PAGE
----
It was a nervous wait on the Tuesday after Easter. Three months after submitting the...read more
A podcast about a brave and select group of wartime heroes got our editor thinking about what today’s working dads can learn from their experience
Like everyone else these days I listen to podcasts. (I also make some, this one in particular is of interest to anyone interested in feminism and gender issues).
A new favourite is The Town That Didn’t Stare. It’s about East Grinstead. It’s more interesting than that sounds. Some odd things go on in East Grinstead. For example I’ve learned that it’s a centre of scientology and a site where ley lines converge. The blurb promises paganism and rioting nuns in future episodes. But the latest instalment I took in got me thinking about working dads.
It was about The Guinea Pig Club. East Grinstead got its nickname as ‘the town that didn’t stare’ because during World War Two badly burned fighter pilots were taken there for experimental plastic surgery. The man behind the project understood that repairing the men’s skin was only part of their rehabilitation; they needed to get out in the community and be treated as they were before their injuries. He enlisted the help of the people of East Grinstead who not only ‘didn’t stare’ but went further. They invited the airmen round for tea or provided straws in the pubs for those who couldn’t hold a beer in their bandaged hands.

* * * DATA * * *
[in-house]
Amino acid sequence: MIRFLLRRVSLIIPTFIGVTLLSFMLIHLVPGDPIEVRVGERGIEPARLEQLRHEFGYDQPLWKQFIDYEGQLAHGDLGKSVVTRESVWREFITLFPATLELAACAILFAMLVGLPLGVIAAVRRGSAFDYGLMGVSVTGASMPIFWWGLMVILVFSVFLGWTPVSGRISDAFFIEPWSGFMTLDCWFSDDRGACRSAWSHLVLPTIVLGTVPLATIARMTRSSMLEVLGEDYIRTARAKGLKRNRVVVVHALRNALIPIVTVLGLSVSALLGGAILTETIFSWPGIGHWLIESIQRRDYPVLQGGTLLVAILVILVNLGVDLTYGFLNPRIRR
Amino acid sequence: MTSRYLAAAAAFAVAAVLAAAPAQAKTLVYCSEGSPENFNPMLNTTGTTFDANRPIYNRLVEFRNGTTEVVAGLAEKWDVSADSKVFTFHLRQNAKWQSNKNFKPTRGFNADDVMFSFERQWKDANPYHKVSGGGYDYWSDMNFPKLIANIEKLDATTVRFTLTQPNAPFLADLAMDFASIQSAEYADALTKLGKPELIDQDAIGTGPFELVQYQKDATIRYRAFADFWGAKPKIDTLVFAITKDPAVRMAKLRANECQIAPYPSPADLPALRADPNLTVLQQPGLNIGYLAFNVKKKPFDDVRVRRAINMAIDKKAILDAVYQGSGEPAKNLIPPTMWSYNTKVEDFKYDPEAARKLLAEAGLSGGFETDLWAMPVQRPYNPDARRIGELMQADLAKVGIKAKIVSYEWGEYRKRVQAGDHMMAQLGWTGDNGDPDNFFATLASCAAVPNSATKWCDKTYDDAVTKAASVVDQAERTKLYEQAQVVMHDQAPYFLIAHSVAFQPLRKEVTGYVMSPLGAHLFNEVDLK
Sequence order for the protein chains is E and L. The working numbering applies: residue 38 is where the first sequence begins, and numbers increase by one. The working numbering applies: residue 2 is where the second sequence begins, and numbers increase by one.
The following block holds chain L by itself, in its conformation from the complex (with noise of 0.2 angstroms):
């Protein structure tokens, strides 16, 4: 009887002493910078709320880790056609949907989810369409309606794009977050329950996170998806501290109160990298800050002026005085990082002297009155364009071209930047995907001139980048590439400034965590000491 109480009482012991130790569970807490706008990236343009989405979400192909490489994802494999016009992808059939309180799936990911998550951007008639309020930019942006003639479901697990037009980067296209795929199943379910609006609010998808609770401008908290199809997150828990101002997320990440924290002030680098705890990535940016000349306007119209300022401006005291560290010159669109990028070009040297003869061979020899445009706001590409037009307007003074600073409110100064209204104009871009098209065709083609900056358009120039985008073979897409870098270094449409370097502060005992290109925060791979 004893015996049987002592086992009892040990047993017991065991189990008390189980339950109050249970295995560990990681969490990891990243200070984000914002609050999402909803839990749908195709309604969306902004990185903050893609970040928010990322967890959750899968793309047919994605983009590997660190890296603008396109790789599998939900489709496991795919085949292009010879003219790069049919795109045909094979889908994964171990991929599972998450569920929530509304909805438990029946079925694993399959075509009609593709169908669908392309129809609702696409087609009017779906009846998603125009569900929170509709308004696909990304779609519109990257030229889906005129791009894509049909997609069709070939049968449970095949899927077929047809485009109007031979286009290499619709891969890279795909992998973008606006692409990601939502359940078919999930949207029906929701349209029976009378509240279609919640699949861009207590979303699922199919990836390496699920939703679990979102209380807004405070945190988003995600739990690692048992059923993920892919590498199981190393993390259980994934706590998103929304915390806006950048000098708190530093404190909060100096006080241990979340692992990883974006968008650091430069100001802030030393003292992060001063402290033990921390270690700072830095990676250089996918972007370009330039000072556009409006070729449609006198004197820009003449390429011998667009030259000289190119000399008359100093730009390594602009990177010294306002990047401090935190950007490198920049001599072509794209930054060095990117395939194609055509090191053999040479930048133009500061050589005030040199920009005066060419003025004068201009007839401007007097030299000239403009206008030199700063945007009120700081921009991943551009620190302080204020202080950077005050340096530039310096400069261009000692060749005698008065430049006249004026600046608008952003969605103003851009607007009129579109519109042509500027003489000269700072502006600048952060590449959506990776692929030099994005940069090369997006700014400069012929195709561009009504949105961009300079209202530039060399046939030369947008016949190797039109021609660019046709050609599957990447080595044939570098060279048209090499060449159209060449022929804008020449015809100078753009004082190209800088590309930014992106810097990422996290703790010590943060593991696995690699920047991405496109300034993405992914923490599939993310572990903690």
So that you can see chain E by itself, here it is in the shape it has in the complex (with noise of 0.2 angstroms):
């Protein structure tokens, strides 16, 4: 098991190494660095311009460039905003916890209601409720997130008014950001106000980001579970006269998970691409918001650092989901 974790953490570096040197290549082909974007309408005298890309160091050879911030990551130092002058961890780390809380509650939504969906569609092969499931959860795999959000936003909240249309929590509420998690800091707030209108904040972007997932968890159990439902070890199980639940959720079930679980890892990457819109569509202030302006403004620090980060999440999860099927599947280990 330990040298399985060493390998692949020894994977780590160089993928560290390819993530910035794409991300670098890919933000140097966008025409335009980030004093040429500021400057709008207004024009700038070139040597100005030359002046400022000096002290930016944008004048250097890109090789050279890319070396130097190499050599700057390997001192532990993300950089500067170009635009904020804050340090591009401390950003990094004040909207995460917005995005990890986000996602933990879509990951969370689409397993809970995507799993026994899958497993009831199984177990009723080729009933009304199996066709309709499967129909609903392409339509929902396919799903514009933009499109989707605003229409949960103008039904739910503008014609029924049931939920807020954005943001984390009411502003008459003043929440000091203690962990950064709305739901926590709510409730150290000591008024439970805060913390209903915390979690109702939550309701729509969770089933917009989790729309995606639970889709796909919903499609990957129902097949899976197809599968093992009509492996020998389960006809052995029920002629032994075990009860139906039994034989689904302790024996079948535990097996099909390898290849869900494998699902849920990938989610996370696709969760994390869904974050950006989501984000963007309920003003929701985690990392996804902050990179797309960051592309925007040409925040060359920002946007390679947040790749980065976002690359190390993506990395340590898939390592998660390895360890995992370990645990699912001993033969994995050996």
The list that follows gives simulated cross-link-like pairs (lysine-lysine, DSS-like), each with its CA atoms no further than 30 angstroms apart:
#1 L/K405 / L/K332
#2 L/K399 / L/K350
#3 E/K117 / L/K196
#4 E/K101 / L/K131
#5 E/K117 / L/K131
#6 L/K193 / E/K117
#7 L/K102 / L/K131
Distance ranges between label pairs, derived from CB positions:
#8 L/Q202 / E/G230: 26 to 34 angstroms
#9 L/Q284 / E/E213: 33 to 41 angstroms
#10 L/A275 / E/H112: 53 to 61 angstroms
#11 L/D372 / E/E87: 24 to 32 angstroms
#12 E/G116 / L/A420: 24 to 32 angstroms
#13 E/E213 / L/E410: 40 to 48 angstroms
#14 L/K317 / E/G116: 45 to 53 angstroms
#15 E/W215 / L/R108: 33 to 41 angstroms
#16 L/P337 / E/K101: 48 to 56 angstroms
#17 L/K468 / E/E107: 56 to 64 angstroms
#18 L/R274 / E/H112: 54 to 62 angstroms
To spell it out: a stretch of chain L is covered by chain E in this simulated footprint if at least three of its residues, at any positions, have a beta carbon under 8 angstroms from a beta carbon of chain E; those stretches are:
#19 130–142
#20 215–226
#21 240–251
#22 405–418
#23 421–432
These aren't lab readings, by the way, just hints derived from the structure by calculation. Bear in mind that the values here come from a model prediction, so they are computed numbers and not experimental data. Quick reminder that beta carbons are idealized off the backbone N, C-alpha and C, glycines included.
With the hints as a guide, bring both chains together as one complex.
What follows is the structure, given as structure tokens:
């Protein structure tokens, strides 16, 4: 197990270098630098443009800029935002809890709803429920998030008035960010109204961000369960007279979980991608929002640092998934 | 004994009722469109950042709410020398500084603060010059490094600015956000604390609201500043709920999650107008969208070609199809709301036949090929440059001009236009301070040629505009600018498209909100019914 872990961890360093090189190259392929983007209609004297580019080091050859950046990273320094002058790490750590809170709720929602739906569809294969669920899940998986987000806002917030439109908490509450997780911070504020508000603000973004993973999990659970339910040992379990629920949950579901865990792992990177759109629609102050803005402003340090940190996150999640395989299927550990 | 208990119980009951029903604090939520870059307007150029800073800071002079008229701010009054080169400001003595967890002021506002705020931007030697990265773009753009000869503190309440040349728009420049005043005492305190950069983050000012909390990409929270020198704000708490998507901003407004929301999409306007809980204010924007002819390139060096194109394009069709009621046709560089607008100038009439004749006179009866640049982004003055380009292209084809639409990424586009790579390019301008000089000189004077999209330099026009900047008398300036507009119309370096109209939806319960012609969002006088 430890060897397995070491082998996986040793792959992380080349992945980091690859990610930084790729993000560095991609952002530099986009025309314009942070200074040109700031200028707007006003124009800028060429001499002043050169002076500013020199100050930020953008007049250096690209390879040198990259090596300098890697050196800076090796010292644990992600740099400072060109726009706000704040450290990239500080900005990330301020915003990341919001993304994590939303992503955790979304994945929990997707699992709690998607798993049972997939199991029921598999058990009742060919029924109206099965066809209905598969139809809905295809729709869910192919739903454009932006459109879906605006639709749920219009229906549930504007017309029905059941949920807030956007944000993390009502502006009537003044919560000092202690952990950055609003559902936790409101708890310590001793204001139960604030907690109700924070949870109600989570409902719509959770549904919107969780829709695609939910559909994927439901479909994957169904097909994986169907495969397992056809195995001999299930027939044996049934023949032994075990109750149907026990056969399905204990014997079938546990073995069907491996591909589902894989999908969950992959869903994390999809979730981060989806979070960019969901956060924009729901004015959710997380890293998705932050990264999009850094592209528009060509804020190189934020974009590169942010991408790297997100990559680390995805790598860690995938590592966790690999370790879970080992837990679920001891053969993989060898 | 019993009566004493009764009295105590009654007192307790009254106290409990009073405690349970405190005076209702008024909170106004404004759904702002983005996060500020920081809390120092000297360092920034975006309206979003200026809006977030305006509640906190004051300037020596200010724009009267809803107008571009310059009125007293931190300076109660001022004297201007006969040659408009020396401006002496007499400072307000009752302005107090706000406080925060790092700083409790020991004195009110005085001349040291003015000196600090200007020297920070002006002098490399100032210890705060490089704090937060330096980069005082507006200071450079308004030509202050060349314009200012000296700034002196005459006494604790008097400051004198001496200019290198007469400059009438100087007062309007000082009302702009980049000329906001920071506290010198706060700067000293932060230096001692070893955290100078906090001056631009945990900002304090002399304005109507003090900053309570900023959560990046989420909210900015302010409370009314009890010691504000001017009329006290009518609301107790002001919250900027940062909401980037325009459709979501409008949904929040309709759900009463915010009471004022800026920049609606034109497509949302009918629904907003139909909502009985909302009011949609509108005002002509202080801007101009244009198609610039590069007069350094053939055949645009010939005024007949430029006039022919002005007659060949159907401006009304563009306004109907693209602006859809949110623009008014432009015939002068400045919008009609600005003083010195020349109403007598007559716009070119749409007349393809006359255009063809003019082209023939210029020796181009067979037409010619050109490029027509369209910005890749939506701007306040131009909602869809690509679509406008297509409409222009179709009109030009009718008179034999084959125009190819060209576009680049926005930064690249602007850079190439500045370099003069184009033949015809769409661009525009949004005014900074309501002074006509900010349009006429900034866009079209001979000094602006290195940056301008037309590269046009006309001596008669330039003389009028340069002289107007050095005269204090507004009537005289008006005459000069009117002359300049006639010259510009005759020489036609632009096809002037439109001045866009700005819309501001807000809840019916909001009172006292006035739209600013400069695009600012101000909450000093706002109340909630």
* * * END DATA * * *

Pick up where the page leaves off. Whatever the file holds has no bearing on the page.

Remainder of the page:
The Guinea Pig Club of the title was formed by the pilots themselves. Dark humour was baked in from the beginning. The secretary was elected because his hands were so damaged he couldn’t take minutes, the treasurer got his role because he’d no legs ‘so couldn’t run off with the club’s money’.
Here was the very essence of the stiff upper lip and an old fashioned version of masculinity. Yet they supported each other. They recognised the need to help each other through difficult days, to keep in touch and share their experiences.
There’s something for today’s working dads to learn.
Too often men feel it’s a sign of weakness to talk, to share, to reach out. But the reasons behind that are a bit mysterious. If the members of The Guinea Pig Club could band together, step up and speak out so can we working dads of today.
We’ve all had a hell of a time over the last five months no matter our background, status or situation.
Just like The Guinea Pig Club it’s sensible to share those experiences, support each other and learn from them.
Just like those brave airmen we need to step out and be seen, we must make working dads – men who combine career and family in whatever proportion they deem right for them – a part of the community.
And maybe in time, if we band together, cash in the potential upsides of lockdown, support each other, then when a man is on the street pushing a baby buggy during the daytime on a week day the denizens of East Grinstead and every other town will not stare.